A high carbon tax could erode up to 60% of Asia’s total refining earnings by 2027, says Wood Mackenzie, a Verisk business (Nasdaq:VRSK), at the Global Energy Summit Focus Week.
According to Wood Mackenzie’s Emissions Benchmarking Tool, the refining industry accounts for only about 3% of global energy sector emissions. This refers to Scope 1 and 2 emissions from process operations required to convert crude oil into refined products within the refinery.
Wood Mackenzie research director Sushant Gupta said: “Asia is the largest contributor to refinery emissions globally. The energy transition will manifest itself in three main challenges for refiners.
“Firstly, reduced market size for refined products which leads to poor refinery margins and refinery closures. Secondly, the transport fuel demand is hit the hardest, which accounts for more than 50% of refinery production. Refiners will have to re-configure and shift to petrochemicals. And lastly, a possibility of a high carbon tax on refining industry as part of broader decarbonisation efforts. While a carbon tax might sound like a good idea, the reality is that a global uniform carbon tax or policy is unlikely, which will make it difficult for refiners to pass on the costs of carbon to its customers. The inability to pass through carbon costs could have material impact on refinery margins.
“At US$30 per tonne (t) carbon price, we estimate the average impact on refining margins would be US$0.55 per barrel of oil equivalent (bbl). This rises to US$2.10/bbl at $100/t of carbon price. For 2027, we estimate that 60% of Asia’s total refinery earnings could be wiped off in a US$100/t carbon price scenario.”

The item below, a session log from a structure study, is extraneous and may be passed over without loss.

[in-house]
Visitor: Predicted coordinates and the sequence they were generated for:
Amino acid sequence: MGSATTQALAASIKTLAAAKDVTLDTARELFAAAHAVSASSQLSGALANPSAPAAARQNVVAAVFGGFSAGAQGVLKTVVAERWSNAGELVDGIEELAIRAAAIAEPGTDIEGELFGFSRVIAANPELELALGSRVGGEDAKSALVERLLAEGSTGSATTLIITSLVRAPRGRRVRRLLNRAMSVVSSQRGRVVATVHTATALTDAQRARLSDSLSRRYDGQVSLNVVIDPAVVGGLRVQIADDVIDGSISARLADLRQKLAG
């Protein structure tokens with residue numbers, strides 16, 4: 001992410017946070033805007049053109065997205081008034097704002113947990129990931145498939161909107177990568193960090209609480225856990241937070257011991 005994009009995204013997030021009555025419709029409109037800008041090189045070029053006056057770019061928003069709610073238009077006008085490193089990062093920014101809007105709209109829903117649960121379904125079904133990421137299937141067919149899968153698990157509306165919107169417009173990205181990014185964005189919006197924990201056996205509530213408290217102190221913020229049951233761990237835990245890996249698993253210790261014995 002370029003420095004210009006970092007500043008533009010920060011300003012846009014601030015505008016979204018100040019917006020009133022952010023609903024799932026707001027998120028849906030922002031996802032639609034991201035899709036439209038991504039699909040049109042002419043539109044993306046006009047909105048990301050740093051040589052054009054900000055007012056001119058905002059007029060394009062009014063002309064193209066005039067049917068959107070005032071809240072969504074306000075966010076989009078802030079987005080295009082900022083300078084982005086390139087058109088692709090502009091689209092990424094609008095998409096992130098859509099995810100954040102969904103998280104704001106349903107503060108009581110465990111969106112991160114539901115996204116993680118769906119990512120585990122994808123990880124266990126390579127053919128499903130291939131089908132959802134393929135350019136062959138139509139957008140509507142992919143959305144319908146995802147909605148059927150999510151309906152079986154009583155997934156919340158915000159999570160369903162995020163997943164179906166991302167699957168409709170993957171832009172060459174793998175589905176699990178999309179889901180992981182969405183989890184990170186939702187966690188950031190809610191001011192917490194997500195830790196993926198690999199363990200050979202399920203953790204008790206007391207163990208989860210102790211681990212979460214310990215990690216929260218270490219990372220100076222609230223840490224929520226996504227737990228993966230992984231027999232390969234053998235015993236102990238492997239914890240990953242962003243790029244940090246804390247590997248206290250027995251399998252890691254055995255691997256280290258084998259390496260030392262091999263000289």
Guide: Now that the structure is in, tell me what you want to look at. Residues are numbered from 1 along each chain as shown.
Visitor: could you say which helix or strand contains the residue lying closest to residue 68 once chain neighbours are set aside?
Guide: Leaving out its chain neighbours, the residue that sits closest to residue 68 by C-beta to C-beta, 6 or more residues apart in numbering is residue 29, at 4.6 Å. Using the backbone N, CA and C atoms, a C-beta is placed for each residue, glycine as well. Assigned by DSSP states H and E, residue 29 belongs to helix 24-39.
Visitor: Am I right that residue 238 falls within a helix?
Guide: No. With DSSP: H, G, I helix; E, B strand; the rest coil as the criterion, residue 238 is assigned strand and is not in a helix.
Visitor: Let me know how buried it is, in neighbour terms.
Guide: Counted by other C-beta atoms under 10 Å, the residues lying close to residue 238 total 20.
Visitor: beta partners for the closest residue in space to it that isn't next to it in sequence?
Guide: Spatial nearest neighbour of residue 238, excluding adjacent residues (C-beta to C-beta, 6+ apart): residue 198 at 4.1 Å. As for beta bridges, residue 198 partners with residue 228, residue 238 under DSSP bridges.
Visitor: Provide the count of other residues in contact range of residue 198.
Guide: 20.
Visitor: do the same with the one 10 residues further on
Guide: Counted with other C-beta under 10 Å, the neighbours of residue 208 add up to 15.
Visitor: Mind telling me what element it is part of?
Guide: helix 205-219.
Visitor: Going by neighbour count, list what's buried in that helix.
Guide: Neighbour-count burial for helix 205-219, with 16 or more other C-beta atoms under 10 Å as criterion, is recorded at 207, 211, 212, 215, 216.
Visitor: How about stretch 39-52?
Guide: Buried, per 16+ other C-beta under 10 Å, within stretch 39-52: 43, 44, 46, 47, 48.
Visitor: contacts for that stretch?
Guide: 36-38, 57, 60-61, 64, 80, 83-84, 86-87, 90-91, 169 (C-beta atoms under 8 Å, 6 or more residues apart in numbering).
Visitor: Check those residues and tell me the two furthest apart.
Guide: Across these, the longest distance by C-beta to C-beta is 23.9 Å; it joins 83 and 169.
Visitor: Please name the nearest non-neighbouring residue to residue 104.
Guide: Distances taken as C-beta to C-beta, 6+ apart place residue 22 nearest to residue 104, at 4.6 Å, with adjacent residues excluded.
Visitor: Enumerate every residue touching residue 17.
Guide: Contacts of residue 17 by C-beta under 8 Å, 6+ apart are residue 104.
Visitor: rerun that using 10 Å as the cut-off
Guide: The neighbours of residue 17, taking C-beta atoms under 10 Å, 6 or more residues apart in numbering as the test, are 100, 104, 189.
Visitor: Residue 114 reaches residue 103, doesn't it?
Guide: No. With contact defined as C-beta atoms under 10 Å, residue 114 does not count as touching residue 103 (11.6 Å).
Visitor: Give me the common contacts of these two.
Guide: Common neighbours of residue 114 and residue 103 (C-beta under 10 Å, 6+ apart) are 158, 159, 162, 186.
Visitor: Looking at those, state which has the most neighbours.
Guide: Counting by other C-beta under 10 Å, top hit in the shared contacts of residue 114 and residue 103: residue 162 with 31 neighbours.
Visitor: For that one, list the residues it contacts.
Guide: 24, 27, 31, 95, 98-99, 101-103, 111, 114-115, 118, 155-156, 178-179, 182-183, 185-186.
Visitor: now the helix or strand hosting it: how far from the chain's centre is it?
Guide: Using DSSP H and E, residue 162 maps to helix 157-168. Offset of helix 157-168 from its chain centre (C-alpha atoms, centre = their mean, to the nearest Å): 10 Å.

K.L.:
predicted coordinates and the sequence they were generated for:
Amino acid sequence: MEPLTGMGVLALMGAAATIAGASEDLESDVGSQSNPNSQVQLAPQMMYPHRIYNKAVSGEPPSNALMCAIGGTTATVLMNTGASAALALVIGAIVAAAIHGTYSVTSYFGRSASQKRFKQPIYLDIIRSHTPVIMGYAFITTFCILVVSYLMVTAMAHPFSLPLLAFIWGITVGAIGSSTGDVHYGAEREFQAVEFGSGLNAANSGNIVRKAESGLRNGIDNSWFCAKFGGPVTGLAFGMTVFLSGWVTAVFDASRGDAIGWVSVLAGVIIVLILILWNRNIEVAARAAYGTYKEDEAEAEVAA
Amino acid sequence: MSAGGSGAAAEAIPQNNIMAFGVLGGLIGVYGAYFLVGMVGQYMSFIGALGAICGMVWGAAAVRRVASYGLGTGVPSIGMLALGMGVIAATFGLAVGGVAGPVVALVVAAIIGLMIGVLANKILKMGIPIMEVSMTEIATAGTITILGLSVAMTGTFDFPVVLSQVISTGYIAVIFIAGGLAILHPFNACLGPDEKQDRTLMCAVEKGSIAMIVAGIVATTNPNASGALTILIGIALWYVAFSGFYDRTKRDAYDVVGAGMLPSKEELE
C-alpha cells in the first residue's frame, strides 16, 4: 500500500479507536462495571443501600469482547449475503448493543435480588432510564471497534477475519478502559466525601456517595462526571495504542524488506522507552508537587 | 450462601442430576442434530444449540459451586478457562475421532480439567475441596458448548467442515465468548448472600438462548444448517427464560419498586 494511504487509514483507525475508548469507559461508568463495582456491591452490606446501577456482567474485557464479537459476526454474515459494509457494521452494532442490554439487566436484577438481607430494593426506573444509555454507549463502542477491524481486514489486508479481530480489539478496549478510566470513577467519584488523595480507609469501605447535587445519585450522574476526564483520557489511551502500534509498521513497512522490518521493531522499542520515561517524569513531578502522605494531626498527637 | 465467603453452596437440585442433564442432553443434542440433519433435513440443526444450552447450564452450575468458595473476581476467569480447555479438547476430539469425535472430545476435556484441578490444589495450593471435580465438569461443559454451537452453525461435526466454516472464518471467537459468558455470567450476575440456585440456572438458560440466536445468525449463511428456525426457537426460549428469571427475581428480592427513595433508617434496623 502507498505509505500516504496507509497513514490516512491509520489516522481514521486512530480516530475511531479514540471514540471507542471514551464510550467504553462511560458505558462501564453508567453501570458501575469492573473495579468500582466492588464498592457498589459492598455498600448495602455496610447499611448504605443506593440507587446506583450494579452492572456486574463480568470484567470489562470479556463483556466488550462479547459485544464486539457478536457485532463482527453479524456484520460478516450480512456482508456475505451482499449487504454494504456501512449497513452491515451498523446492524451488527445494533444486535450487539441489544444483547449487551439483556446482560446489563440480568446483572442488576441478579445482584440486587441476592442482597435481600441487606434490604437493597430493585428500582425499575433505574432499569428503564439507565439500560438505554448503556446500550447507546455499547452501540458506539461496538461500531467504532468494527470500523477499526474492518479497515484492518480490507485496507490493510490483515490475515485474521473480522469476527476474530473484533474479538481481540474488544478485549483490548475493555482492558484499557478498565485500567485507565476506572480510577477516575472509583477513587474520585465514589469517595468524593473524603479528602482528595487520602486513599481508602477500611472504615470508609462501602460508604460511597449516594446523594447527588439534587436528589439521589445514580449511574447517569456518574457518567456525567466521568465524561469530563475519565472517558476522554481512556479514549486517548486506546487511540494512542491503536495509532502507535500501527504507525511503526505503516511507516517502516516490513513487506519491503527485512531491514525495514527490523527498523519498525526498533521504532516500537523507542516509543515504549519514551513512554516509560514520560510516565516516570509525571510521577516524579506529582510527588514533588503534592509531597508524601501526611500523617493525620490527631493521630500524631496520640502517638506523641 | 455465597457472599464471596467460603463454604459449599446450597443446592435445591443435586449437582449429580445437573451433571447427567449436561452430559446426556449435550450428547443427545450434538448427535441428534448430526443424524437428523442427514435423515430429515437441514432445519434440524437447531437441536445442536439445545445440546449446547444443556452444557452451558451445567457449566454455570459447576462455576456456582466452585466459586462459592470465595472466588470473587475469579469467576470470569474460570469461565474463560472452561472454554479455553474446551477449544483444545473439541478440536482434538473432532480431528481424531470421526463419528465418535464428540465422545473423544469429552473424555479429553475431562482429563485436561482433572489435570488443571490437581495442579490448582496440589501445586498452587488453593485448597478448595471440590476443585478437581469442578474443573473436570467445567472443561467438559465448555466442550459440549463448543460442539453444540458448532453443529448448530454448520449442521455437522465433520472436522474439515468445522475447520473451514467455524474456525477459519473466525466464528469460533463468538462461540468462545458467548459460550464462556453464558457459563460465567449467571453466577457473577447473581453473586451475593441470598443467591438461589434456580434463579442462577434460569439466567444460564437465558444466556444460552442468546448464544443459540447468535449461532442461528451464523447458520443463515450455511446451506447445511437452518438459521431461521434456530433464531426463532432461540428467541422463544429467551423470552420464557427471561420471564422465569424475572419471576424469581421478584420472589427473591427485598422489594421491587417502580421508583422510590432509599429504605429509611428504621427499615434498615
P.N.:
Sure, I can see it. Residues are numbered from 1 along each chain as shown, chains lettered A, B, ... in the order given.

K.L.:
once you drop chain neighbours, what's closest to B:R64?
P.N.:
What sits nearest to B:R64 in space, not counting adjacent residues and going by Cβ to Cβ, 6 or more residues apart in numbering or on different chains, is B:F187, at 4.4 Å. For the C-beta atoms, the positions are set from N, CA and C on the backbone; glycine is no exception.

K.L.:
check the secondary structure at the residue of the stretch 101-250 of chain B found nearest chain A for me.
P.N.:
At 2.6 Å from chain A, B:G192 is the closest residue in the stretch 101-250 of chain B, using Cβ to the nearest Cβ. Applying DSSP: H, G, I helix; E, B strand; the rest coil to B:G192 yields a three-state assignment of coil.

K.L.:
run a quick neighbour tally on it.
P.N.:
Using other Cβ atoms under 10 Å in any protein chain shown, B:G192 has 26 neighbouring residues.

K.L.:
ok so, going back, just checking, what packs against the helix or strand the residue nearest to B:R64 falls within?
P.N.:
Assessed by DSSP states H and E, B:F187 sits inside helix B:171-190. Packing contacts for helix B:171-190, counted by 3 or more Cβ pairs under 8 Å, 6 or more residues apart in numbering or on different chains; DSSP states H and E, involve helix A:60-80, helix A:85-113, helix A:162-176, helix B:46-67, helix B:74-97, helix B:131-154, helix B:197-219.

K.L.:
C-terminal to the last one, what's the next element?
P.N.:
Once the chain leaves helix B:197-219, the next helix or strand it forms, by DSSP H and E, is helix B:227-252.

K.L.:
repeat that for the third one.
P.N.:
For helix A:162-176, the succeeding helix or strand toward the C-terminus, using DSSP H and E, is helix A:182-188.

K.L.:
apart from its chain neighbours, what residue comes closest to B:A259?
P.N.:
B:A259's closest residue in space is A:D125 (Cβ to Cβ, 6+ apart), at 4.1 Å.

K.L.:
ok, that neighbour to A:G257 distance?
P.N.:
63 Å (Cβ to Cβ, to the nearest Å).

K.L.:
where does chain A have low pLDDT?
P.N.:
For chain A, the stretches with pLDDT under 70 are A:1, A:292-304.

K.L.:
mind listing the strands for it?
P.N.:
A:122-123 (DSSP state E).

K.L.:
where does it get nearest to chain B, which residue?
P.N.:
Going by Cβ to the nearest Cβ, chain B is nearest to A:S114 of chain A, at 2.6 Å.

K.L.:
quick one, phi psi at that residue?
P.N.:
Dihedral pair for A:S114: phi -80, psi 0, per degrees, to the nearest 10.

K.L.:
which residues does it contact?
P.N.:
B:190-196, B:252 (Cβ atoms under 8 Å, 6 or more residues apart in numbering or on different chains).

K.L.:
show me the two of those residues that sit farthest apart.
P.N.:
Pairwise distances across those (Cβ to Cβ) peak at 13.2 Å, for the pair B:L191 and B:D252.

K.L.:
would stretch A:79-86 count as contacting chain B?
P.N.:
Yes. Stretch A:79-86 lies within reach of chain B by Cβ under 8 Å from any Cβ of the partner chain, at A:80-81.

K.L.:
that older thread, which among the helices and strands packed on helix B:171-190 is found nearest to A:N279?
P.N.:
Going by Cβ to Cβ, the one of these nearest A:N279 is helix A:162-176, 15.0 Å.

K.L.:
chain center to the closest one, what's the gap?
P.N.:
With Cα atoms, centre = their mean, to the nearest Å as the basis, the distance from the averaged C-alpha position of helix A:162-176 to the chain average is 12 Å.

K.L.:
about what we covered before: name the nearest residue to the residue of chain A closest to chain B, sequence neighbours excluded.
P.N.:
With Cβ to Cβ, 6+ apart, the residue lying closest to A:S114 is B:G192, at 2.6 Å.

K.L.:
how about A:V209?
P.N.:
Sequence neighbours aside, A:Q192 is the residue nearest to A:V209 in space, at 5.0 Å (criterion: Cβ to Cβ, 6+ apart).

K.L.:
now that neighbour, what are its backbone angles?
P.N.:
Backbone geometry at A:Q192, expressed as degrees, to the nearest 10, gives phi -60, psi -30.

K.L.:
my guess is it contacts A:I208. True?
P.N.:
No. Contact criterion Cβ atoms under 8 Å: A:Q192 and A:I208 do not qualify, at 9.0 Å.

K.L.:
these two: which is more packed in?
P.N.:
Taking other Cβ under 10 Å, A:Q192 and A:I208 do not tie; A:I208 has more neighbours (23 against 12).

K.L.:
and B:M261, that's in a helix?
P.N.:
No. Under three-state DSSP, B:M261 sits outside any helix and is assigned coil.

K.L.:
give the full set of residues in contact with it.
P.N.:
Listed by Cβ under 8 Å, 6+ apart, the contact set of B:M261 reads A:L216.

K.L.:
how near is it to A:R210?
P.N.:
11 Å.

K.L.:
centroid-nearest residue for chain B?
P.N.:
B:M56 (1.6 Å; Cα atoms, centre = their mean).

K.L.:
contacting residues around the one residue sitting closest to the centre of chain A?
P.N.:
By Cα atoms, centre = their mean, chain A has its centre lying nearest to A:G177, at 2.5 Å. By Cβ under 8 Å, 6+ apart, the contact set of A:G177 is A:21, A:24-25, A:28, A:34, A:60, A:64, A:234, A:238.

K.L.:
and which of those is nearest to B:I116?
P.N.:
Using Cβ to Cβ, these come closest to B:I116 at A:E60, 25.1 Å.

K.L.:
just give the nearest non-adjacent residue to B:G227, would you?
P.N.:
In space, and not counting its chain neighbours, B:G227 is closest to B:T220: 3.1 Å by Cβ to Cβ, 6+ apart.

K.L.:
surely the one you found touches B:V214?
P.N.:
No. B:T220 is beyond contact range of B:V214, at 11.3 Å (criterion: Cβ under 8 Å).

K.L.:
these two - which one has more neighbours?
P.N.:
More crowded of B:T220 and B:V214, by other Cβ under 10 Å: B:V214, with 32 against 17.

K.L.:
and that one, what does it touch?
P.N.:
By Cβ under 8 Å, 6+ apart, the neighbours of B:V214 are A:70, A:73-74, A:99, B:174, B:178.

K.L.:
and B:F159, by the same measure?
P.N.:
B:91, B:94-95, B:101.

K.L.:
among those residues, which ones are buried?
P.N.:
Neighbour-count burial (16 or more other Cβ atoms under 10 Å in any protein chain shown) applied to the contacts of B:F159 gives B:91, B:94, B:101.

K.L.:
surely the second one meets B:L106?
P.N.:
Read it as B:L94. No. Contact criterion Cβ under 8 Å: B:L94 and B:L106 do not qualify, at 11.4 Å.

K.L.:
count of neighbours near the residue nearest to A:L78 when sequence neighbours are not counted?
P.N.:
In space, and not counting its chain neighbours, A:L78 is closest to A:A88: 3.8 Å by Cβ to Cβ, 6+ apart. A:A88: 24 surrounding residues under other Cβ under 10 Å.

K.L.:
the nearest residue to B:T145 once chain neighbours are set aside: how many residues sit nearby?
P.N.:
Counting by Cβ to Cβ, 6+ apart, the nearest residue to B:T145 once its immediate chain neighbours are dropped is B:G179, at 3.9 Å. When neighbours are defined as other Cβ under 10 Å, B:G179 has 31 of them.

Vice president Alan Gelder said: “Only highly competitive sites that generate significant cash will survive the energy transition, as their cash generation capabilities will provide funds for investment in decarbonisation as well as rewarding investors.
“Environmental sustainability has to be a key priority for refiners. They will need to find their own unique decarbonisation solution and yet still remain economically viable.”
Some early responses in the short term to decarbonising the refining sector include process optimisation such as improving furnace efficiency, low temperature waste heat recovery and fluid catalytic cracking (FCC) unit optimisation. The industry could also consider switching combustion fuel from fuel oil or coke to cleaner fuels such as natural gas or green hydrogen. A switch from burning fuel oil to natural gas can reduce emissions by up to 30%. In addition, a switch to cleaner feedstocks could also be an option.
For deeper decarbonisation, refiners will have to consider low carbon technologies such as electric heating, carbon capture and storage on FCCs, hydrogen and gasifier units and biomass gasification. They will also have to consider the use of renewable power and green hydrogen.
Principal Analyst Johnny Stewart suggested that refinery–petrochemical integration provides a platform for long-term site viability. “About 70% of Asia’s total refining capacity is already integrated with petrochemicals, but the average chemicals yield from the integrated refineries is only about 13 wt%. In contrast, the new integrated refinery sites in China have yields of over 40 wt% chemicals. So there is a long way to go. When we rank refineries based on their net cash margin in our asset-benchmarking service, REM-Chemicals, we find integrated refinery petrochemical sites lead the pack. Looking at South Korea’s Onsan site as an example, investment in petrochemical integration provides higher value that far outweighs the cost of emissions,” Stewart said.
Gupta said: “As every refinery is unique, there is no silver bullet. Refiners must start with identifying sources of their emissions and work out most cost-effective ways to reduce their carbon footprint. There will not be a blanket solution for the refining industry but a combination of solutions to solve this complex refining decarbonisation problem.”